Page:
Teres major muscleThe teres major is a thick muscle of the shoulder joint. It spans from the inferior aspect of the scapula to the proximal part of the humeral shaft. Unlike the teres minor, the teres major muscle does not attach to the capsule of the glenohumeral joint. Thus it is not regarded as part of the rotator cuff muscles.
The main function of this muscle is to produce movements of the arm on the shoulder joint. By contracting, it pulls the humerus posteriorly (extension) and rotates it medially towards the trunk (medial rotation). Additionally, it contributes to the stabilization of the shoulder joint.
In this article, we will discuss the anatomy and function of the teres major muscle.
|Origins||Inferior angle and lower part of the lateral border of the scapula|
|Insertions||Intertubercular sulcus (medial lip) of the humerus|
|Innervation||Lower subscapular nerve (C5-C7)|
|Function||Extension and medial rotation of the humerus (arm)|
Origin and insertion
The teres major muscle originates from the posterior surface of the inferior angle of scapula, as well as from the lower part of the lateral border of the scapula. At its origin, the muscle is easily palpated and felt like a soft tissue structure on the inferior scapular angle.
The muscle fibers course spirally (torsion), running parallel to the fibers of the latissimus dorsi muscle. They converge onto a single tendon that inserts to the intertubercular sulcus (medial lip) of the humerus.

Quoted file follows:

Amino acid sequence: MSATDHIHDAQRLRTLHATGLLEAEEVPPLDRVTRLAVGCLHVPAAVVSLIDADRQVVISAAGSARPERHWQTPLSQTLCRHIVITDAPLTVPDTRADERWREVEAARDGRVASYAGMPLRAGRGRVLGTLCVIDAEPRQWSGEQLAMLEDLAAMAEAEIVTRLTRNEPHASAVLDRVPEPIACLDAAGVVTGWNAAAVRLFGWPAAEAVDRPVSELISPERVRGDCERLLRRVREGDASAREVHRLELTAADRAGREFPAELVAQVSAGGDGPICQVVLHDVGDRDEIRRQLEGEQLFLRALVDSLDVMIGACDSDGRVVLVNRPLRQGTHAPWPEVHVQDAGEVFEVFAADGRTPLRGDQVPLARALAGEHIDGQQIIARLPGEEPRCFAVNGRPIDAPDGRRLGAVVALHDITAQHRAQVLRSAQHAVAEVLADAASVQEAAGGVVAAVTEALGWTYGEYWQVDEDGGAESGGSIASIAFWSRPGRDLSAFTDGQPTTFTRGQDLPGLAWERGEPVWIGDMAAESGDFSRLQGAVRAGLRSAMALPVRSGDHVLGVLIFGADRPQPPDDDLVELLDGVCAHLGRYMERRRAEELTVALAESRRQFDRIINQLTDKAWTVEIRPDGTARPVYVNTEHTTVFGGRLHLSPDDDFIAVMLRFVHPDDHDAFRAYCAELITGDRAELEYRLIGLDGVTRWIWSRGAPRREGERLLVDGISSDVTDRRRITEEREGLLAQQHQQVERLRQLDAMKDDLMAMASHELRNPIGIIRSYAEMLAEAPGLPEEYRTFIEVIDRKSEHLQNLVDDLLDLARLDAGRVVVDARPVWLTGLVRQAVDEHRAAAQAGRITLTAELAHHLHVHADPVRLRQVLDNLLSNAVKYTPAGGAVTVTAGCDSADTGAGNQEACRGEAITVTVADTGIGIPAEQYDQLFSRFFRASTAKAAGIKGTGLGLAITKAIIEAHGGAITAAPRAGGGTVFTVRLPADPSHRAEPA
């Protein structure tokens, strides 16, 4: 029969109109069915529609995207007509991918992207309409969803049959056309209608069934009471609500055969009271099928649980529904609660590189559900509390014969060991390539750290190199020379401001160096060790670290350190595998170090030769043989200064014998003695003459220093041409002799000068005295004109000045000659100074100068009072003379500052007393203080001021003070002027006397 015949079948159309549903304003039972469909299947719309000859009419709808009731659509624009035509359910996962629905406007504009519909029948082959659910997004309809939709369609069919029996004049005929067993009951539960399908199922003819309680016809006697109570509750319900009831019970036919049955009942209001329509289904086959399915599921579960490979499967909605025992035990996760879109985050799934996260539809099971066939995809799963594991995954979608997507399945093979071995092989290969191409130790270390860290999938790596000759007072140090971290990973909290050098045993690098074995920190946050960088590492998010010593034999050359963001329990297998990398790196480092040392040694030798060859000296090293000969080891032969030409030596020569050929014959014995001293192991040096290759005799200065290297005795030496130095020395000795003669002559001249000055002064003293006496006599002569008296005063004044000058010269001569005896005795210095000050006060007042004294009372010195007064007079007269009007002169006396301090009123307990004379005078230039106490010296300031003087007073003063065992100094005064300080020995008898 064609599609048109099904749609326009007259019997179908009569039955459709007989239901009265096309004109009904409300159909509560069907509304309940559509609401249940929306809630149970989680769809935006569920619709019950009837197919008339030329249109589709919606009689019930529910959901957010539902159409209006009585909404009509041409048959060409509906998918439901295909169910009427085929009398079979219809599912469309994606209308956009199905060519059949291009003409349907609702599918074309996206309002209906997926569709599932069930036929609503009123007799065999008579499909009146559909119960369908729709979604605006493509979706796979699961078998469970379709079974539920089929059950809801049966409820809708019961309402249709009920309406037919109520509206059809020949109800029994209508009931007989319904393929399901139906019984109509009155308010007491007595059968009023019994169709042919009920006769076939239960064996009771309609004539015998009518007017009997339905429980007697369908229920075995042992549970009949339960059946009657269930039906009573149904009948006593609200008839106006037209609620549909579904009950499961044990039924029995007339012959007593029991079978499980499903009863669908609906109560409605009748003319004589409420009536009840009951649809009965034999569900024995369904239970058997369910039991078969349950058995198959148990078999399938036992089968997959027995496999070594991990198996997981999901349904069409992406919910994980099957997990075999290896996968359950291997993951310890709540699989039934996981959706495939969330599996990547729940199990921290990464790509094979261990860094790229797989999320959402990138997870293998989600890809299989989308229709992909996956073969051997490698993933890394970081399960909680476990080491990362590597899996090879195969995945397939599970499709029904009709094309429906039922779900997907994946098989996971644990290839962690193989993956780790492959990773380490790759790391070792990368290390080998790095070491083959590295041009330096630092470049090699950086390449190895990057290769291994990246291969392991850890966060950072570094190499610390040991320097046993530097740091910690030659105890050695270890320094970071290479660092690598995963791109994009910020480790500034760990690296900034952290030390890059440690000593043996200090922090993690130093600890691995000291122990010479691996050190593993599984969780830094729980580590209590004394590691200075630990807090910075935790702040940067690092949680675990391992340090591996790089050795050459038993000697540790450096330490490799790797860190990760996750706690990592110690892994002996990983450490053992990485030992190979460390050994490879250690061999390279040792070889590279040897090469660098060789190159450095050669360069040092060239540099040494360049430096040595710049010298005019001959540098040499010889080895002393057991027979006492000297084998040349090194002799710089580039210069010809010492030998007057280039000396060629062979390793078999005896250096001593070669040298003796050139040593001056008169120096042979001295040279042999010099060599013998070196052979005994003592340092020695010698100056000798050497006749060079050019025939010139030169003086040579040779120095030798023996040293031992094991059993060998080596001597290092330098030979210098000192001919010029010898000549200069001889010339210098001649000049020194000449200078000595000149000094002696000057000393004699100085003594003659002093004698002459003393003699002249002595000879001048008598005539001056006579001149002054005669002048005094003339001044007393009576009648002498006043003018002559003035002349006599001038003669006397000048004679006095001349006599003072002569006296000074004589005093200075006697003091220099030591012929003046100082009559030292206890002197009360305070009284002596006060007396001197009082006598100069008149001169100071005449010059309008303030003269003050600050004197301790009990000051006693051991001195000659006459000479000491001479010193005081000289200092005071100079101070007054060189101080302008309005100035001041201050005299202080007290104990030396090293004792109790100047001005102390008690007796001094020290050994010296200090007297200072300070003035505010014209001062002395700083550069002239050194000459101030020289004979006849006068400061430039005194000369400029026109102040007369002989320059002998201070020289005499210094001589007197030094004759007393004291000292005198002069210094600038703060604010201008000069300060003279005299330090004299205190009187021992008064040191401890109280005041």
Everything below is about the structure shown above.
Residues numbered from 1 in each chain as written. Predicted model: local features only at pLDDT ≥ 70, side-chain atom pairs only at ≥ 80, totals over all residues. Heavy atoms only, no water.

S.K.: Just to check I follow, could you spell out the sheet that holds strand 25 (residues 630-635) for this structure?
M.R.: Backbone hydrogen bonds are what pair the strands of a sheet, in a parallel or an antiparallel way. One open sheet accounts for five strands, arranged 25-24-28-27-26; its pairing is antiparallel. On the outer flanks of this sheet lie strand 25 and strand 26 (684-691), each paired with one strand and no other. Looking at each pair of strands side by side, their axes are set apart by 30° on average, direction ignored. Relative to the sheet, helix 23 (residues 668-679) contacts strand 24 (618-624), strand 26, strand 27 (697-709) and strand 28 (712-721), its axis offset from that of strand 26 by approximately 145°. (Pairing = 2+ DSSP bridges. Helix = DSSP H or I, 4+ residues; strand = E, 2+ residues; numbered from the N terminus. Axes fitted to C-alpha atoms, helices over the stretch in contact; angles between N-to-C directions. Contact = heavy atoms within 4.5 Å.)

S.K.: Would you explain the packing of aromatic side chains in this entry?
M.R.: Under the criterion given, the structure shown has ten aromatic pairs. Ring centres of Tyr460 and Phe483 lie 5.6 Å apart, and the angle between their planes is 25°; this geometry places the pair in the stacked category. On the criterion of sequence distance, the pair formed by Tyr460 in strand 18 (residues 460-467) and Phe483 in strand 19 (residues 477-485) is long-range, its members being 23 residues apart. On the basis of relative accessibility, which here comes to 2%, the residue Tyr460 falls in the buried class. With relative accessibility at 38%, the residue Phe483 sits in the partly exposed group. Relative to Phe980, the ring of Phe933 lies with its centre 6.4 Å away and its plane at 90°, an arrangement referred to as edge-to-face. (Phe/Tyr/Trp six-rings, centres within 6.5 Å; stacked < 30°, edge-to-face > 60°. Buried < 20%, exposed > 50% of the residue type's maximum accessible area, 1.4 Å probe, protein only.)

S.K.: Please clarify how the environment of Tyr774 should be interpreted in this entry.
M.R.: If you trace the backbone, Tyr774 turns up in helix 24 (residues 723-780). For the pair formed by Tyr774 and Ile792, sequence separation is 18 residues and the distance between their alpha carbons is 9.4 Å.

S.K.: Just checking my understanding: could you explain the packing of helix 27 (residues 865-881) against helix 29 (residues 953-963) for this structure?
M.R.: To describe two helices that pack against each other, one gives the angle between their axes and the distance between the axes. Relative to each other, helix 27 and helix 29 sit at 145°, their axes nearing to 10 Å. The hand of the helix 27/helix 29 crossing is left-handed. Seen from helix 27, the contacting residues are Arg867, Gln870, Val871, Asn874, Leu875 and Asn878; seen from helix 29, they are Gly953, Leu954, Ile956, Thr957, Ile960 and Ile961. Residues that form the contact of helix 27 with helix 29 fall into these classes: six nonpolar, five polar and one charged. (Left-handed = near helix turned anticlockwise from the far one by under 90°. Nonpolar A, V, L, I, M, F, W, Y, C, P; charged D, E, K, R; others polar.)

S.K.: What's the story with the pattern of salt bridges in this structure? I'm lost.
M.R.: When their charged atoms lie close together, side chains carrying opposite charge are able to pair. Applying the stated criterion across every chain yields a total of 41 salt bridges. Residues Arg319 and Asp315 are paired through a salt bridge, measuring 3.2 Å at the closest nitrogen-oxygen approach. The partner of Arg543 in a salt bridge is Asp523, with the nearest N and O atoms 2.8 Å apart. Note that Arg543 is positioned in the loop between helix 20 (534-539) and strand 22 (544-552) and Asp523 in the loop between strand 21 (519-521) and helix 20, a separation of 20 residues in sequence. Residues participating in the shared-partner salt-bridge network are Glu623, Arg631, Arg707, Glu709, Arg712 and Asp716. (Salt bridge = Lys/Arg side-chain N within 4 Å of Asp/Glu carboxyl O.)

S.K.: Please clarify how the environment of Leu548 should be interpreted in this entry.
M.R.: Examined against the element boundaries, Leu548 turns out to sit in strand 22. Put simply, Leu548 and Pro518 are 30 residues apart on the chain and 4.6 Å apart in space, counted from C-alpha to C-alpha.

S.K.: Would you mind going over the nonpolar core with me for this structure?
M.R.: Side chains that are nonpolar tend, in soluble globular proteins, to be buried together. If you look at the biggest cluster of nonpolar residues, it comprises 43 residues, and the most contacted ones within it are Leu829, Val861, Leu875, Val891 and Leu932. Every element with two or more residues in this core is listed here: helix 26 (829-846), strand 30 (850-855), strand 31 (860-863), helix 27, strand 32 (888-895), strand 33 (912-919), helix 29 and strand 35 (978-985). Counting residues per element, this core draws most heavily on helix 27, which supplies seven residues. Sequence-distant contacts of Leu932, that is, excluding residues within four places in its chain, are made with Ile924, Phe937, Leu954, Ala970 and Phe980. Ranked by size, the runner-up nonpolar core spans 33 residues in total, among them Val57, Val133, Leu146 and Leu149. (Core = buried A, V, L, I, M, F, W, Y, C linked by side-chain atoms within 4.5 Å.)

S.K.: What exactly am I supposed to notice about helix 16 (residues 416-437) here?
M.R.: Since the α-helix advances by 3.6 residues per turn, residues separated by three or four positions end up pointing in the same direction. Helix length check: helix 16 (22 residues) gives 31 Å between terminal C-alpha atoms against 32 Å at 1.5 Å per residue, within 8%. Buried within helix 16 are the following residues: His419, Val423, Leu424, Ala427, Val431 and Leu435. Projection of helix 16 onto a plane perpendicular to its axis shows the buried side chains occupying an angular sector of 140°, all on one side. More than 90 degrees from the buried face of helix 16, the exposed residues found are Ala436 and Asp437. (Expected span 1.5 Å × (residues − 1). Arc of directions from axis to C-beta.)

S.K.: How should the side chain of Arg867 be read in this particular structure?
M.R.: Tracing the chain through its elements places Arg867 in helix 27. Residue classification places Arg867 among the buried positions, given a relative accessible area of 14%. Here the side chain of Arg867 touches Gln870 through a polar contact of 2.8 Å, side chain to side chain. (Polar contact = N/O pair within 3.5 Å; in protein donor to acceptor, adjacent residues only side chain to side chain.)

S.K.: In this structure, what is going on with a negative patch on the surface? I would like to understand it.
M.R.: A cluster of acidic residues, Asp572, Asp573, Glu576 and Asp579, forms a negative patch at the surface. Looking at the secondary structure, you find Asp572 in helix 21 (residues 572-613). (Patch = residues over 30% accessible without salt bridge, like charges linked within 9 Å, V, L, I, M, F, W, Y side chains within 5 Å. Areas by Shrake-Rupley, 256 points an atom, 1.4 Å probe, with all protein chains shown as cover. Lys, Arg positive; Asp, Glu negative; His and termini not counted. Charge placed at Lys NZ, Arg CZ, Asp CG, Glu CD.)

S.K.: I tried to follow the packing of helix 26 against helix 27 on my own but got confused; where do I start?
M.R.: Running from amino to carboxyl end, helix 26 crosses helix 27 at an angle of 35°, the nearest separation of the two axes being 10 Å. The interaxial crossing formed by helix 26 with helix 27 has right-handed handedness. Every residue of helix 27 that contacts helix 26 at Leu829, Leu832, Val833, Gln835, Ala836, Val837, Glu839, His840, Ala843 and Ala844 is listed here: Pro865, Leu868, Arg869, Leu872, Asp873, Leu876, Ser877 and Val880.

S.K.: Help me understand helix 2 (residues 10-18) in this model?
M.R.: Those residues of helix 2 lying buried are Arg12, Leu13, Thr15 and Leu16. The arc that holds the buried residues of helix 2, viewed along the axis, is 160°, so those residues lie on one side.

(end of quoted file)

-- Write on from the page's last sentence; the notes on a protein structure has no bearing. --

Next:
The posterior aspect of the scapular portion of teres major is covered by the teres minor and infraspinatus muscles. The anterior aspect of teres major is in relation with the subscapularis muscle.
The inferior margin of teres minor is parallel to the superior border of the latissimus dorsi muscle. The adjoining fibers of these two muscles may be fused in some individuals. Along with the teres minor muscle, teres major forms the posterior axillary fold. Sometimes their muscle bellies or insertion tendons even blend with one another.
The innervation of the teres major muscle is supplied by the lower subscapular nerve (C5-C7) a branch of the brachial plexus.
The main function of teres major is to produce the movements of the humerus at the glenohumeral joint; it pulls the anterior surface of the humerus medially towards the trunk (inward rotation). Furthermore, it can extend the arm from the flexed position.
Along with the pectoralis major and latissimus dorsi muscles, teres major can pull the trunk superiorly when its humeral attachment is fixed. This is why it is also referred to as the climbing muscle. Additionally, it contributes to the stabilization of the shoulder joint.
The teres major is relatively prone to the development of trigger points. These are local, permanent hypertensive areas with rigidification (myofascial pain syndrome).
Common causes are poor stretching before physical activities, trauma (e.g. fall on the shoulder) and microtraumas through chronic inappropriate straining. Symptoms include local pain, which may radiate to the lateral shoulder during palpation and difficulties in abducting and elevating the arm.